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The Copyblogger Guide to Managing Your Professional Overwhelm

Overwhelmed? Anxious? Stressed out? Yeah, there’s a lot of that going around. Daily life is difficult enough. And when you…

The post The Copyblogger Guide to Managing Your Professional Overwhelm appeared first on Copyblogger.


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The Ultimate Guide to Exploring Seattle This MozCon

Posted by Kirsten_Barkved

So, you’ve been debating for years about whether to attend MozCon and you’re finally ready to pull the trigger. Or, maybe you’re still not sure if MozCon is right for you and you’re wondering what the big deal is (a fair and reasonable thought).

Whether you’re still on the fence or looking to get hyped, here’s the spiel for why you should attend this year’s MozCon. And if, after seeing our awesome agenda, you’re in need more than our stellar line-up and amazing donuts to convince you, then look no further than this post.

We’re less than four weeks away from MozCon, so we thought we’d dust off the old “things to do while in Seattle” list. So, if you’re attending or still doing research to see if the juice is worth the squeeze (how responsible of you!), here’s a sampling of the places you’ll go whilst in Seattle for MozCon this July 15–17. 

Get your tickets before they’re gone!

We asked our Mozzers where to go

Not only do our Mozzers have their fingers on the pulse of the city itself, but they’ve also got a few MozCons under their belt, so they know exactly what you need after a day’s worth of information-absorbing and networking.

The Underground Tour — “It’s strange and very Seattle specific.” — Rob Lisy

Fremont Brewery — “Great beer and outdoor seating with a view of lake union and the city.” — Kelley Manuel

Cinerama — “Movie theatre with the best chocolate popcorn in the world.” — Tyler Taggart

Canon — “I have to advocate for Canon. Best chicharron I’ve ever had and incredible cocktails, obviously.” —Kavi Kardos

Pacific Inn — “Best fish and chips.” —David Joslin

Rachel’s Ginger Beer — “I like to get something from anywhere and then eat it here — hint: they will put booze in your ginger beer if you ask nicely. And pay more.” — David Pierce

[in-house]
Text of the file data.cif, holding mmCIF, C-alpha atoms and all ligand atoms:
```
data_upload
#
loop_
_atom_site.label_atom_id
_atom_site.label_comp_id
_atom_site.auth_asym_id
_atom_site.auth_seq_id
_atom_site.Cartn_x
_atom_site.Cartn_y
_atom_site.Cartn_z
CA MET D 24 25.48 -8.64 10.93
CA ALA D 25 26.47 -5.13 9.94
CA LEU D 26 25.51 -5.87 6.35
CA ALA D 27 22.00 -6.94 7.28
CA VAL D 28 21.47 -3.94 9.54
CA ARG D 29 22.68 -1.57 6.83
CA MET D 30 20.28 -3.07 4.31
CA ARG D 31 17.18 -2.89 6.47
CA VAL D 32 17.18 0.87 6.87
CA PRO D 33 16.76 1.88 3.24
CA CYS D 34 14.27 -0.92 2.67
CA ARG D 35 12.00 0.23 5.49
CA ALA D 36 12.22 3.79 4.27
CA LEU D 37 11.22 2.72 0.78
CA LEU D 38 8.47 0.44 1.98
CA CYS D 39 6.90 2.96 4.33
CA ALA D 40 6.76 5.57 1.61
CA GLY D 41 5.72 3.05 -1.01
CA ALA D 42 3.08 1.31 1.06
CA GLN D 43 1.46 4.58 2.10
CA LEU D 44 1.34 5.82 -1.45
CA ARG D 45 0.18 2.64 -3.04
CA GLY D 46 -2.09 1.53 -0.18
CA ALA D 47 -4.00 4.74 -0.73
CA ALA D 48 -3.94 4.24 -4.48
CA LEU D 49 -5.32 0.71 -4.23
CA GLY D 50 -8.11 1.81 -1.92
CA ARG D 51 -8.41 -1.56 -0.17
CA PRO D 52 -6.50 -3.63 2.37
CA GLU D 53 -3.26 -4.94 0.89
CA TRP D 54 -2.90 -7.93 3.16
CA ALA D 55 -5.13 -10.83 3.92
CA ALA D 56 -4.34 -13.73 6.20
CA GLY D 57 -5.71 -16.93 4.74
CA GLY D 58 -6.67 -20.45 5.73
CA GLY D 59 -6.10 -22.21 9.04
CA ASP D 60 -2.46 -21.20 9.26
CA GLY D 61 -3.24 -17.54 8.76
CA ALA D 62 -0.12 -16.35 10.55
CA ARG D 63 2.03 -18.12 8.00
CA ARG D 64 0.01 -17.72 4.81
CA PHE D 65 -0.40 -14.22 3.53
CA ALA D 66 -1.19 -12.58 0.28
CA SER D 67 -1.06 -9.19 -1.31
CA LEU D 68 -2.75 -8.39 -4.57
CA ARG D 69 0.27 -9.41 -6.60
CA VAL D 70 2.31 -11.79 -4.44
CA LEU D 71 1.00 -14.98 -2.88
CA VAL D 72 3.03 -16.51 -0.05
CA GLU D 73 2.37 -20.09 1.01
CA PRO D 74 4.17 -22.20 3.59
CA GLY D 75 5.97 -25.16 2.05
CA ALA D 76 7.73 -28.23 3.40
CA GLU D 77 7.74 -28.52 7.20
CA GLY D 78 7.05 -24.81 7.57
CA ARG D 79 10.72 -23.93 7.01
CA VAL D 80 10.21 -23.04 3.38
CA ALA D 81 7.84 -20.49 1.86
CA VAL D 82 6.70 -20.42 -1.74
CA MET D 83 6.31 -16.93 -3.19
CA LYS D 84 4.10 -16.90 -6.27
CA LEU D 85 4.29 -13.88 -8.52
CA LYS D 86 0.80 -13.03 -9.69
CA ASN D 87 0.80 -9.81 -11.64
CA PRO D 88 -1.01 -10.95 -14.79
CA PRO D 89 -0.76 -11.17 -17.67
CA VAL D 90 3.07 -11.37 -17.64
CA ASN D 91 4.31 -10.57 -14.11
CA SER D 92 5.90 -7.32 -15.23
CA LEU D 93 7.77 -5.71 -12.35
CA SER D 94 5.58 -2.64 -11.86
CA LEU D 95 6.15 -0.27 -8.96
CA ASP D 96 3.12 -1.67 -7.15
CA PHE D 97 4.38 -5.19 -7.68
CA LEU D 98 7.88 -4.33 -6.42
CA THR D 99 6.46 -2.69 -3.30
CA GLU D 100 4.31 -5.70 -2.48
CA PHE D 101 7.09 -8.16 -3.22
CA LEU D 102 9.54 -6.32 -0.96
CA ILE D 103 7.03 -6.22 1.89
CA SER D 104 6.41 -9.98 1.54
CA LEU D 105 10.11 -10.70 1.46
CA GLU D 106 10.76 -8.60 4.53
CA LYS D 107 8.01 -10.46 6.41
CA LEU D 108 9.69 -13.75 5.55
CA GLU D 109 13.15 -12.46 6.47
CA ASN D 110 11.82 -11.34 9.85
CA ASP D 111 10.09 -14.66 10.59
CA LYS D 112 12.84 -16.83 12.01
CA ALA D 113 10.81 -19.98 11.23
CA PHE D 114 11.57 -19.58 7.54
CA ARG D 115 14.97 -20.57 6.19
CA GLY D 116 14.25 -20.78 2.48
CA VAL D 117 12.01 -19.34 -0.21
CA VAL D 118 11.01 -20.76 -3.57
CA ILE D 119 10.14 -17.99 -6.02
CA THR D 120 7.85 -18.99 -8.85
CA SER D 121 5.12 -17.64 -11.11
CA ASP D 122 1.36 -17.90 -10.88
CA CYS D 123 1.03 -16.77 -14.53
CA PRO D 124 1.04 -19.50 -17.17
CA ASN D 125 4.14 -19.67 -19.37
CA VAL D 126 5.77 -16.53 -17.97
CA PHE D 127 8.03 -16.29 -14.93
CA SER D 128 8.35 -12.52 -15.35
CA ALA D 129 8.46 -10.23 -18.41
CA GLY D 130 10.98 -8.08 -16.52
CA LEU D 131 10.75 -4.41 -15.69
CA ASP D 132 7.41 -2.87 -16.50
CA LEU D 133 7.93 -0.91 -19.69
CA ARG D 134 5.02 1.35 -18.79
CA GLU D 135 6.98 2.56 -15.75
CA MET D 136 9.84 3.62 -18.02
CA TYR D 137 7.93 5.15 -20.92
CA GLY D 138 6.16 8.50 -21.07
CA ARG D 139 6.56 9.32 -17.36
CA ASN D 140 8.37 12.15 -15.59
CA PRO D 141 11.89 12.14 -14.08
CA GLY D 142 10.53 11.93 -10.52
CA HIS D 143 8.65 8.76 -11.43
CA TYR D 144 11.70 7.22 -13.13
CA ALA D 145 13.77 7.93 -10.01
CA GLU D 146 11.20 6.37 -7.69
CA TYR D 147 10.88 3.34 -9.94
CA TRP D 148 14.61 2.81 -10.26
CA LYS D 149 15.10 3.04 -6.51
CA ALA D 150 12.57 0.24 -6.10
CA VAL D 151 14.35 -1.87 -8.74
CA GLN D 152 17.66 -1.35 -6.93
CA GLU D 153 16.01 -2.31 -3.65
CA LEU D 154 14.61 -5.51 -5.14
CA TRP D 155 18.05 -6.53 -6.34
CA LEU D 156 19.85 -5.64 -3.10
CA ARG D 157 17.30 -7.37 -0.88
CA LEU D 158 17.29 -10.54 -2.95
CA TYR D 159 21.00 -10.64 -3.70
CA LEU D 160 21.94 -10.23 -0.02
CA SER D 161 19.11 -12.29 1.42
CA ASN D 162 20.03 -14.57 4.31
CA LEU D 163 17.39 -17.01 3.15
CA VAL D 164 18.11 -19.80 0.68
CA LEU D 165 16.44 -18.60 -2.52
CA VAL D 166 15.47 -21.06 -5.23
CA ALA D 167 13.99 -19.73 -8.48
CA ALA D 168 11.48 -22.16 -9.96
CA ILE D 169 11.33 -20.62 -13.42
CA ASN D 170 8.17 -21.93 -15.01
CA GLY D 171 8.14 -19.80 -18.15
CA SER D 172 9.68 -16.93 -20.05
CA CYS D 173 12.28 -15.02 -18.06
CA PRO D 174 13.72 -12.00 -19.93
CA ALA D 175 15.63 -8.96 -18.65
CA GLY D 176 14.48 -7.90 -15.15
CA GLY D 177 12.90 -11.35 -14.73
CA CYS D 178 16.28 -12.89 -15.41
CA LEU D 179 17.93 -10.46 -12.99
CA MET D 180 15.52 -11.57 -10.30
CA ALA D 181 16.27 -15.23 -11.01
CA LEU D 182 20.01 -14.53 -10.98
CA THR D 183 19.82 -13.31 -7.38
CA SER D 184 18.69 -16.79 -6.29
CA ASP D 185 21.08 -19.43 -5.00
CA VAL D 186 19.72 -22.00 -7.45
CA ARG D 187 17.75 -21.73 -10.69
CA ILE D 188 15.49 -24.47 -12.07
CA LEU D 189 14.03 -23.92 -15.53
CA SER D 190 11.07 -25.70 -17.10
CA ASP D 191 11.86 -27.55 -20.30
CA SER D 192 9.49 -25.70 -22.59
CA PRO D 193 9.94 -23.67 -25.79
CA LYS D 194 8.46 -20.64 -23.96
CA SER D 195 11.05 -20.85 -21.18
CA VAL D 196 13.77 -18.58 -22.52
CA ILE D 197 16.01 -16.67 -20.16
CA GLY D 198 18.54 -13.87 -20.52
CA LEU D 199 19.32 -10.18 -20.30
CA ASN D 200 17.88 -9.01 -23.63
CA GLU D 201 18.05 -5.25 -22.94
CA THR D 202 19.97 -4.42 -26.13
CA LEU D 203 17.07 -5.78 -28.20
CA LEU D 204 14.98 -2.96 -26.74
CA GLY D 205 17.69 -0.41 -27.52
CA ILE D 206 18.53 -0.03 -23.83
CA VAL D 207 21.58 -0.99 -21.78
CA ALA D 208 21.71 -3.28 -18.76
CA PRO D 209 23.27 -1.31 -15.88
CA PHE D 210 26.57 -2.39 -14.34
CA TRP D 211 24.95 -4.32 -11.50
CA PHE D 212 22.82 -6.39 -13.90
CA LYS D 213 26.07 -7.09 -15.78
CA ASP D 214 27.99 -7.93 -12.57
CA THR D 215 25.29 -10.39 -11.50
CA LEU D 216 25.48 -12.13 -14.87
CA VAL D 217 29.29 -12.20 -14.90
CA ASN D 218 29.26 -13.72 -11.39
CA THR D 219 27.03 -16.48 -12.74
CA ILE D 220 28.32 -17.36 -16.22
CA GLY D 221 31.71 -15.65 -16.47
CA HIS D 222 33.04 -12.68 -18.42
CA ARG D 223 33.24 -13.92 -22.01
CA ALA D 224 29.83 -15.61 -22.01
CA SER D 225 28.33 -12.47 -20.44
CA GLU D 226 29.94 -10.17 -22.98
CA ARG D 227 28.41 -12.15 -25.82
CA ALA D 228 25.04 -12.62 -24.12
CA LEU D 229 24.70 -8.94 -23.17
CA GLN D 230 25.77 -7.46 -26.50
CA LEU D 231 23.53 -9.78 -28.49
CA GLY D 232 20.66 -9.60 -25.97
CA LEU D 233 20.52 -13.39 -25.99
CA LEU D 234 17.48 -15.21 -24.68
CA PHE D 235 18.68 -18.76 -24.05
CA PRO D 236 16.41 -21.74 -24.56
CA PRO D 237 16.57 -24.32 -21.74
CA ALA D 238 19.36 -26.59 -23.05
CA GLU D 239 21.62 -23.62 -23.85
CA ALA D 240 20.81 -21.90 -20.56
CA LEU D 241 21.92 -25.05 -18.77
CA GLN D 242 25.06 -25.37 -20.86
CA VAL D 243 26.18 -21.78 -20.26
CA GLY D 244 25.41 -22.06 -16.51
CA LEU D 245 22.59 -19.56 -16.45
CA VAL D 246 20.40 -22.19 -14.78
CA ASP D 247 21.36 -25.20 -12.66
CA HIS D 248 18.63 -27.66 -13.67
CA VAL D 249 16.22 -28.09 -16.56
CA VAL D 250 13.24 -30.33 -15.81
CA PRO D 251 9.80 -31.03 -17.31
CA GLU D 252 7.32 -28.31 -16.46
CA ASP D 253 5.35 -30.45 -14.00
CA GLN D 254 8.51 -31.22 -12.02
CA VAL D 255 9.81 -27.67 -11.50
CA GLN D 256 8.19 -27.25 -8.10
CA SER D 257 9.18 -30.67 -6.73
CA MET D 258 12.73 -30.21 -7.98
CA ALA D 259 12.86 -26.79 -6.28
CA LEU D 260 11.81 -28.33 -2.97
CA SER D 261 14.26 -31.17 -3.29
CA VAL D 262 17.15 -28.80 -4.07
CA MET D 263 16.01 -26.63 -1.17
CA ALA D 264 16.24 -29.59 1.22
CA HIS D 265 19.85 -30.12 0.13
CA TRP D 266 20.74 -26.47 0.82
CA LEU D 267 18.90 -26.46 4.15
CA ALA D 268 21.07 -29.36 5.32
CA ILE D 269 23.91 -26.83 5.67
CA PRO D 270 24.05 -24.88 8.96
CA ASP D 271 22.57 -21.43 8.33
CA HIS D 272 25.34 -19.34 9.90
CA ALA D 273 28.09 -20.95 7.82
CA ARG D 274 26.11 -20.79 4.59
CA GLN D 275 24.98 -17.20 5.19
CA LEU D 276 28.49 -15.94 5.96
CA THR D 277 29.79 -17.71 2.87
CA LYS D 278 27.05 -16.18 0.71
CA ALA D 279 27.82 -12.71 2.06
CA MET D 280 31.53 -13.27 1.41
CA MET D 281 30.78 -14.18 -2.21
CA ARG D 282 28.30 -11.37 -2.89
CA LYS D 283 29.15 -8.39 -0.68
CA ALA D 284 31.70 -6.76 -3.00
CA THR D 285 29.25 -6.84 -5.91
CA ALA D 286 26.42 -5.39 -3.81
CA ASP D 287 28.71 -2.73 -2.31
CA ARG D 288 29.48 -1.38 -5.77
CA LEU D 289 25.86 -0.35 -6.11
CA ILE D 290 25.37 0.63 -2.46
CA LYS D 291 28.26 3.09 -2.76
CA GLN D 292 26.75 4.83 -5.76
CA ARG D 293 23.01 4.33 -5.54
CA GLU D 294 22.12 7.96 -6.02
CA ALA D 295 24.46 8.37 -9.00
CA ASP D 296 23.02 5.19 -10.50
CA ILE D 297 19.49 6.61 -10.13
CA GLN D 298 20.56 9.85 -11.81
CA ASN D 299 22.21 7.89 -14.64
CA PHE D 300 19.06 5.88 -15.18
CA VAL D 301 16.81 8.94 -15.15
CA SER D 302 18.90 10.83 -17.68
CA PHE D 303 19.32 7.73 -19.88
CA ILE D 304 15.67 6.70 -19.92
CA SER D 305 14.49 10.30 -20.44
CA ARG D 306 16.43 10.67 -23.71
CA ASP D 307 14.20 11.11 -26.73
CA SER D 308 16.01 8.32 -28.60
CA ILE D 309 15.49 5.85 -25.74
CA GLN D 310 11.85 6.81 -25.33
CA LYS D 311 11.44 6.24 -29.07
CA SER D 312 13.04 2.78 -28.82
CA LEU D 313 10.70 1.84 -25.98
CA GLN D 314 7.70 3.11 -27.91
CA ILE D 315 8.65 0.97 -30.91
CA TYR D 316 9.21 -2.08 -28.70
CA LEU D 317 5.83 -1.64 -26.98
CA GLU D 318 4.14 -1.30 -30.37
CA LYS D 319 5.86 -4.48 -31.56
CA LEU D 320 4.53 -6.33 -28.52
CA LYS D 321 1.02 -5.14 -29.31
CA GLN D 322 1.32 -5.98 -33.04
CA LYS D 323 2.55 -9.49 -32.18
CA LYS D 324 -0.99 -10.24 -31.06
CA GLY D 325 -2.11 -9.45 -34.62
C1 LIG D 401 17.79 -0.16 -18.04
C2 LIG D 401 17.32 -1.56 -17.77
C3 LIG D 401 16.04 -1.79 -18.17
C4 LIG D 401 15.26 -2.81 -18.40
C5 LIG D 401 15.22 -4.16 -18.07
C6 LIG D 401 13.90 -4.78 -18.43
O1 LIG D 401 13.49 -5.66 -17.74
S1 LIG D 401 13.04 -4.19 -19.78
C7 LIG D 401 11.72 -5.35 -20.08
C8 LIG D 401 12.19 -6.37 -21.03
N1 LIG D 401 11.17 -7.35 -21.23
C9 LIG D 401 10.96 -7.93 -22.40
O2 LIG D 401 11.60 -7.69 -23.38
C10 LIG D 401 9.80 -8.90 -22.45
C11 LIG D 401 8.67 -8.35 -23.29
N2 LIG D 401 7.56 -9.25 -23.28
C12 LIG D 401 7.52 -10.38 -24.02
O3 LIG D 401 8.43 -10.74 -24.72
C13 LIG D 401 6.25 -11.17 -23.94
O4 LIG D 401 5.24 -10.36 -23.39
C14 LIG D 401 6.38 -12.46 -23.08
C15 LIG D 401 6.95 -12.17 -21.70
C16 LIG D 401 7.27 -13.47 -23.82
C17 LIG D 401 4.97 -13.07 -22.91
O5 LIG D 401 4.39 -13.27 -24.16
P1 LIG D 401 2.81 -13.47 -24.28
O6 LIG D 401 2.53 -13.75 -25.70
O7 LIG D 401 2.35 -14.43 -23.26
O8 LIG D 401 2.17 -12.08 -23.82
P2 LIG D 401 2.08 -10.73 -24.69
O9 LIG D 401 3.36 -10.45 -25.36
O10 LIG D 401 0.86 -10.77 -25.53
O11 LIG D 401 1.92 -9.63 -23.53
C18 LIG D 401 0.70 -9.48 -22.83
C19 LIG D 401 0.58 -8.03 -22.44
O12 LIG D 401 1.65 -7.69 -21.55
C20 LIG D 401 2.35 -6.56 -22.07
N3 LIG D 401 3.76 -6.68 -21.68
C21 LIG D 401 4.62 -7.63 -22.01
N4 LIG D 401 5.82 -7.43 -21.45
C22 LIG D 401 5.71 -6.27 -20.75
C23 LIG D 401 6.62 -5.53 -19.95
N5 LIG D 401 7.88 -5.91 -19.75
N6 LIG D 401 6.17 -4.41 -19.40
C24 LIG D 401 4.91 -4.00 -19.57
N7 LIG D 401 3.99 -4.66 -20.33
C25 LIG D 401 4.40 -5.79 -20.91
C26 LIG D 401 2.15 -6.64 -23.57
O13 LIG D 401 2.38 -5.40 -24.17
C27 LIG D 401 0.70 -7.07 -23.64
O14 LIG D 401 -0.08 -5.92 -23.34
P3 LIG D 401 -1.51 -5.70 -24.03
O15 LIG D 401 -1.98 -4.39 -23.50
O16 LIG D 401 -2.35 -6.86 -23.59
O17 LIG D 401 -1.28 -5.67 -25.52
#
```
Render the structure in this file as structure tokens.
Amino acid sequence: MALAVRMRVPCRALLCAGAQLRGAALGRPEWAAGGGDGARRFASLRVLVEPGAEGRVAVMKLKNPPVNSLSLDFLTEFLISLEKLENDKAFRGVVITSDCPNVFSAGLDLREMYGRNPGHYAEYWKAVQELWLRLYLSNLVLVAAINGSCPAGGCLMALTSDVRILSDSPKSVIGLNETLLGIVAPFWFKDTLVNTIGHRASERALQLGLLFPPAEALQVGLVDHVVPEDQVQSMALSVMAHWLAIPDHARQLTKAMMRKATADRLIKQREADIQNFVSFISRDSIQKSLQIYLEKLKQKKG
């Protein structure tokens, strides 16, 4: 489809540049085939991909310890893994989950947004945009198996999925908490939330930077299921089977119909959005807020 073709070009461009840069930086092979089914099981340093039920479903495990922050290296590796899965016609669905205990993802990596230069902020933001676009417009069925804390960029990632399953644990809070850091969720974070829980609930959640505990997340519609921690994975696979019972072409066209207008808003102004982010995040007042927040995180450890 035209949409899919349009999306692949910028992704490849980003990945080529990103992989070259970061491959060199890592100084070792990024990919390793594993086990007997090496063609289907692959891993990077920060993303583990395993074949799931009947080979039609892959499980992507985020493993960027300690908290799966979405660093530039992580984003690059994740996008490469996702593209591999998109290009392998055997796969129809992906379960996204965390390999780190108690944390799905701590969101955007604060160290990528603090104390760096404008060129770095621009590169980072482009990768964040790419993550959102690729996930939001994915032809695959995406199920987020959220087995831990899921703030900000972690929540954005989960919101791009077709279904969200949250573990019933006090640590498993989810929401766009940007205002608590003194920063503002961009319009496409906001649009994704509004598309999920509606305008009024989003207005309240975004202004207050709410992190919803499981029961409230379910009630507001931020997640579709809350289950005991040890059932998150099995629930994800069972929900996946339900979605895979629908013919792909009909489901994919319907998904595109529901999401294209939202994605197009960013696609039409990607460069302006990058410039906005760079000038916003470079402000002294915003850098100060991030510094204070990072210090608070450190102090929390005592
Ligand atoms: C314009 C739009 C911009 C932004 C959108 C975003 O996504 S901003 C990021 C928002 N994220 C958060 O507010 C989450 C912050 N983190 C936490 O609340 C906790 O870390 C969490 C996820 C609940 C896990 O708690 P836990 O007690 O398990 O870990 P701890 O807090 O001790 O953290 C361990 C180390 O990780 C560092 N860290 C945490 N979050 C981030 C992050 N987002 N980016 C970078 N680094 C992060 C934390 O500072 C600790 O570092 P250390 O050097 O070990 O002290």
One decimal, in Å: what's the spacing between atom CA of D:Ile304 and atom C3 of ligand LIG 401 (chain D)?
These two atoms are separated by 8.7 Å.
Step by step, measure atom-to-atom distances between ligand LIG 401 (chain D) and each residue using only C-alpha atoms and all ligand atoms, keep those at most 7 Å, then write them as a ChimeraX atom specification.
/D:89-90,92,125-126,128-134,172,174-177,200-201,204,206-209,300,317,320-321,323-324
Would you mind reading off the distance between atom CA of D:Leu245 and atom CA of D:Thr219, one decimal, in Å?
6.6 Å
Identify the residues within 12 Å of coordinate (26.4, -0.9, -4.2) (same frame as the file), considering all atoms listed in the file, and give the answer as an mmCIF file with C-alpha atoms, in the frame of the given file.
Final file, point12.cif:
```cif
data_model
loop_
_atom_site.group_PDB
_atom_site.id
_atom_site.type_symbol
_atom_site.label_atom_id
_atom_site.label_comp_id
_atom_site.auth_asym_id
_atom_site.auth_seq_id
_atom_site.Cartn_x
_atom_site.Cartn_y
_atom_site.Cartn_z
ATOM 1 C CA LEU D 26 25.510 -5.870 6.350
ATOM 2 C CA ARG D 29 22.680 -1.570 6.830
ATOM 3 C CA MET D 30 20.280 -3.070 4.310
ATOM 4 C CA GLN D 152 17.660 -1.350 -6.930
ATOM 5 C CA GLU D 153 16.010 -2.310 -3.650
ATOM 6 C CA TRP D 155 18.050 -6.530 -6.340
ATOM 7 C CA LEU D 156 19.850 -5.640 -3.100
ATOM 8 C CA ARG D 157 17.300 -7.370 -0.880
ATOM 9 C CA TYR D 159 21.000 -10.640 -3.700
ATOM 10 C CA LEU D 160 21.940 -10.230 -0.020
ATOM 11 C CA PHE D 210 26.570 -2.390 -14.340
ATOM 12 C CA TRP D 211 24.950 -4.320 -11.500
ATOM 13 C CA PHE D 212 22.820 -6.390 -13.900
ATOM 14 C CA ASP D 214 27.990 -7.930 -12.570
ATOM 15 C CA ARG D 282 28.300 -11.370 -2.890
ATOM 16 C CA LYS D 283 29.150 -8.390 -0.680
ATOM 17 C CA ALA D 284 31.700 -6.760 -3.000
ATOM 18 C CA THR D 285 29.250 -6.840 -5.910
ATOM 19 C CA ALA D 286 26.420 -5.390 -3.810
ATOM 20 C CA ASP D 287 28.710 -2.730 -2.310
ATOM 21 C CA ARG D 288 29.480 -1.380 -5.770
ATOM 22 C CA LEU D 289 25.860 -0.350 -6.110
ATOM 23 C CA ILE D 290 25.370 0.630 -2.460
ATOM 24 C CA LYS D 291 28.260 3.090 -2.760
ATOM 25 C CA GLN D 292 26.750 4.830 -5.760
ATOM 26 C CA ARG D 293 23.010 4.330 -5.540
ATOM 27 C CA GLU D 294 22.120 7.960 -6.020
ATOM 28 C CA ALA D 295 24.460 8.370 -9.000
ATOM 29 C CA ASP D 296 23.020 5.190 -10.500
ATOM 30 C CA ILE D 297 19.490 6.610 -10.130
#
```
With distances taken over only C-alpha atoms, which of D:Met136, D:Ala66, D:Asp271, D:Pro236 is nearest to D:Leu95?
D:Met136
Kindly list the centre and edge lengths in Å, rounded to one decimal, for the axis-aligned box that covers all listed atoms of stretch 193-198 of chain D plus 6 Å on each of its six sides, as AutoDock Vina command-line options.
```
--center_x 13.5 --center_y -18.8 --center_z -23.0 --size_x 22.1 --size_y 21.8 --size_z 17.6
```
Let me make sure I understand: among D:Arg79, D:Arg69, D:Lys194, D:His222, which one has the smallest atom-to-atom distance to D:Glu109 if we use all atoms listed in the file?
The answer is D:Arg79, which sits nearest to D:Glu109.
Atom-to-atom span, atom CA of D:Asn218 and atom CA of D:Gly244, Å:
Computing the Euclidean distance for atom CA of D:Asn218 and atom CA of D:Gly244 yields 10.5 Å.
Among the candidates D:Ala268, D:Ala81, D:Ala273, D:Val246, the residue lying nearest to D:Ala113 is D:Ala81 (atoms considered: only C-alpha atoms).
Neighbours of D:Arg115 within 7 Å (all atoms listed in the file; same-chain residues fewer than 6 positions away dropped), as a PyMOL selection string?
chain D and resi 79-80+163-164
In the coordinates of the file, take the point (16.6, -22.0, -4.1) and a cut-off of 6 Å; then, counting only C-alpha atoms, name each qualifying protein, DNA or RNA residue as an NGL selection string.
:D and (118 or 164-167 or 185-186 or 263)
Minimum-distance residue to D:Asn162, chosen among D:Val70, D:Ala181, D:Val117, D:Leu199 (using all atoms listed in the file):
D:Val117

Michou — “A good choice for a quick grab-and-go sandwich.” — David Pierce

Museum of Flight — “They have the Apollo 11 spacecraft on display. First time the National Air and Space Museum has shown it outside of DC!” — Chris Lowe

Alki Beach — “Water taxi to West Seattle to walk along the beach and soak up some sun!” — Katarina Anderson

Intrigued? We’re just easing you in.

Iconic stops

We’d be remiss if we didn’t include a few “of course” stops in our post — there’s a reason these make it to every “30 things to do in Seattle” blog post. Cross a few of these iconic Seattle stops off your bucket list this July.

The Space Needle 

Picturesque views of Puget Sound and a rotating glass floor make this spot a must for the ‘gram.

Seattle Great Wheel

Want to see Seattle from 157 ft above? Unless you’re afraid of heights, of course, you do! Tip: Stop by at sunset to see the sun dip behind the Olympic mountain range.

Gas Works Park

Beautiful, expansive views of downtown Seattle. Unwind after a day of being constantly “on” and enjoy the sun and the Pacific Northwest air. 

Insider Mozzer tip from David Pierce: “Get a sandwich from Paseo on Fremont and then go down the hill to eat it at Gasworks Park.”

Fremont Troll

For obvious reasons.

Fun fact: The film crew behind the show, Once Upon a Time, filmed the Fremont Troll scenes right outside our Vancouver office. It was fun to watch them turn an underpass into the troll. But the magic quickly waned — ask our YVR Mozzers how much fun it was to not be able to park (or walk, or talk) outside the office during filming for a week or two.